• I know this isn’t related to the post, but it was on my heart to write to you tonight. I received your book “Get Lost” for my baptismal birthday today and I started it this evening. I really like the message. The only problem is I’m afraid to let go. There’s a guy (I won’t give names) who I am insanely in love with. I have completely dedicated myself to getting his attention. I dress like him, I use his quirky little phrases, I do the same things he does – everything. The only problem is that he already has a wonderful girlfriend (I found out not long ago). However, I still can’t stop wanting his attention and his only. It really stresses me out and I take it to God, but then the next day I wake up and go to school and he’s one of the first people I see and it’s like I never told God anything. (maybe your book has the answer and I’m not far enough along yet – I just started) But I’m just kinda wondering what to do. It feels so wrong to love a guy with a girlfriend, but I just can’t let go.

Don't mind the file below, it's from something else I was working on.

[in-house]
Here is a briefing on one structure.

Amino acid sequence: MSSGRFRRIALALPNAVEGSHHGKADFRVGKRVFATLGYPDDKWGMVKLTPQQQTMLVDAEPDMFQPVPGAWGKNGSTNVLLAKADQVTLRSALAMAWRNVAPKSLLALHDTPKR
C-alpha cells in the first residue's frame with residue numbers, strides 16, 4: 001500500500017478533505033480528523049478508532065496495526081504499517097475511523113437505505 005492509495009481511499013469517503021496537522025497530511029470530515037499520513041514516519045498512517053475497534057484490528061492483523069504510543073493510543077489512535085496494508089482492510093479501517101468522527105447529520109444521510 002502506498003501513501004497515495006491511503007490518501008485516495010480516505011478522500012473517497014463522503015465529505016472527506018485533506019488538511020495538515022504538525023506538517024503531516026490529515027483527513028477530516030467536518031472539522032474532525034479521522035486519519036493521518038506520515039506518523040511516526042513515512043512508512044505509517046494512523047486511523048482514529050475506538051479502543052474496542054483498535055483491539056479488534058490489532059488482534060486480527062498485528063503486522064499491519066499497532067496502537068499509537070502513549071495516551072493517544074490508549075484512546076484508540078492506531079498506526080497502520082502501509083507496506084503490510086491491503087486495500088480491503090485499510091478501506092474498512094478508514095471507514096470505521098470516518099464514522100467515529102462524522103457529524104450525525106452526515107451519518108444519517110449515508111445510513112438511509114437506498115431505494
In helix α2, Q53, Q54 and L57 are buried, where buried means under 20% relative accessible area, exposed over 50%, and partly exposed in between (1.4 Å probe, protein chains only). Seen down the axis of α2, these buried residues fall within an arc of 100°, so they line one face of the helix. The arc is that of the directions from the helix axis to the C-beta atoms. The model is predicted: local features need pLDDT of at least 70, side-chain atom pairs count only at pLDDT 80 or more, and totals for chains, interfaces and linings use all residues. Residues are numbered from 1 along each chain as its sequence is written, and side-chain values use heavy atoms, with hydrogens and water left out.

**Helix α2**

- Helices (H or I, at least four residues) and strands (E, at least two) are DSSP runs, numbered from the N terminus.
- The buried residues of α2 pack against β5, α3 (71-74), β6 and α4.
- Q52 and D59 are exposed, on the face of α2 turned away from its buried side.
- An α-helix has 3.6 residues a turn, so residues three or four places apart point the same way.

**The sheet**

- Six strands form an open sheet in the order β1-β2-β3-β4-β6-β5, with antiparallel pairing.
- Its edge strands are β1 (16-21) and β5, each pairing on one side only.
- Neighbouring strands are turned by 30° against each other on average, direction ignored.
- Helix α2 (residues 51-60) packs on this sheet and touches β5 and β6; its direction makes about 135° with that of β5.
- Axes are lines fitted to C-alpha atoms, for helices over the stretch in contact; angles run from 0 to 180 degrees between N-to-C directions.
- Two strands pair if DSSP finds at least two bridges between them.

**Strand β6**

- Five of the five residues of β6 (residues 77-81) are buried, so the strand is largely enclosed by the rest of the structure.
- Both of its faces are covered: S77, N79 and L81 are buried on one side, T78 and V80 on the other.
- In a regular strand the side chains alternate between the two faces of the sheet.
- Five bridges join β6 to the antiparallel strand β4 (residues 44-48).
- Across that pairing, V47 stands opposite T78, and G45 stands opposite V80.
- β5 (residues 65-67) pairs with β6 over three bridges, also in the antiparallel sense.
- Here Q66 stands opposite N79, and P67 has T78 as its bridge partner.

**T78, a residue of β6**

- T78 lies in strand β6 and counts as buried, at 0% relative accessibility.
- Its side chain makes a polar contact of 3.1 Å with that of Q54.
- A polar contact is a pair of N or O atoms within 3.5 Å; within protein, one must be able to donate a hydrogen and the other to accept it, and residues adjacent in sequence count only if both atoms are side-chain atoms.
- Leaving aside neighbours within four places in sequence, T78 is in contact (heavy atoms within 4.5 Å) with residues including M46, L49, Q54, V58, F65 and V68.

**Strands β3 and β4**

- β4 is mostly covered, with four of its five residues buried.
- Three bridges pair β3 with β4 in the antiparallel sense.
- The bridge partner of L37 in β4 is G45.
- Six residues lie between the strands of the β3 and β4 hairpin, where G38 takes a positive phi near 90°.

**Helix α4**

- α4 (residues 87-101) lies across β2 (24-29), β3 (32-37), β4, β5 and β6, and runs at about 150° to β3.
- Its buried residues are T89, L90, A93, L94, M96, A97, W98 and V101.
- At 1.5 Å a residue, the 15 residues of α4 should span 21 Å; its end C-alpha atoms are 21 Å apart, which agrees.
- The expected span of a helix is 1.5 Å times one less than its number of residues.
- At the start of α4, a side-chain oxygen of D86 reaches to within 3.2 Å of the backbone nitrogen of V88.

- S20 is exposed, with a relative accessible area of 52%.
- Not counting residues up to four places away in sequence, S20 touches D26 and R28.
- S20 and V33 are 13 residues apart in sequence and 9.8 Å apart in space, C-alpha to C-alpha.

• Ah, Courtney. Life stinks sometimes, doesn’t it!? Well, the good news is that God is in control of ALL THINGS…even this guy having a girlfriend. And I think it’s really cool that you say she is “wonderful.” That’s evidence that your heart is good. I do think you have to let go. 1.) The book. God put it in your hands and it encourages you to take guys off the table for ten days. You can survive ten days, right? 2.) The girl. He has someone. You don’t want to practice the work of wanting what you cannot have. You want to practice the discipline of self control. So, let go. How? Read the book! I’ll help you.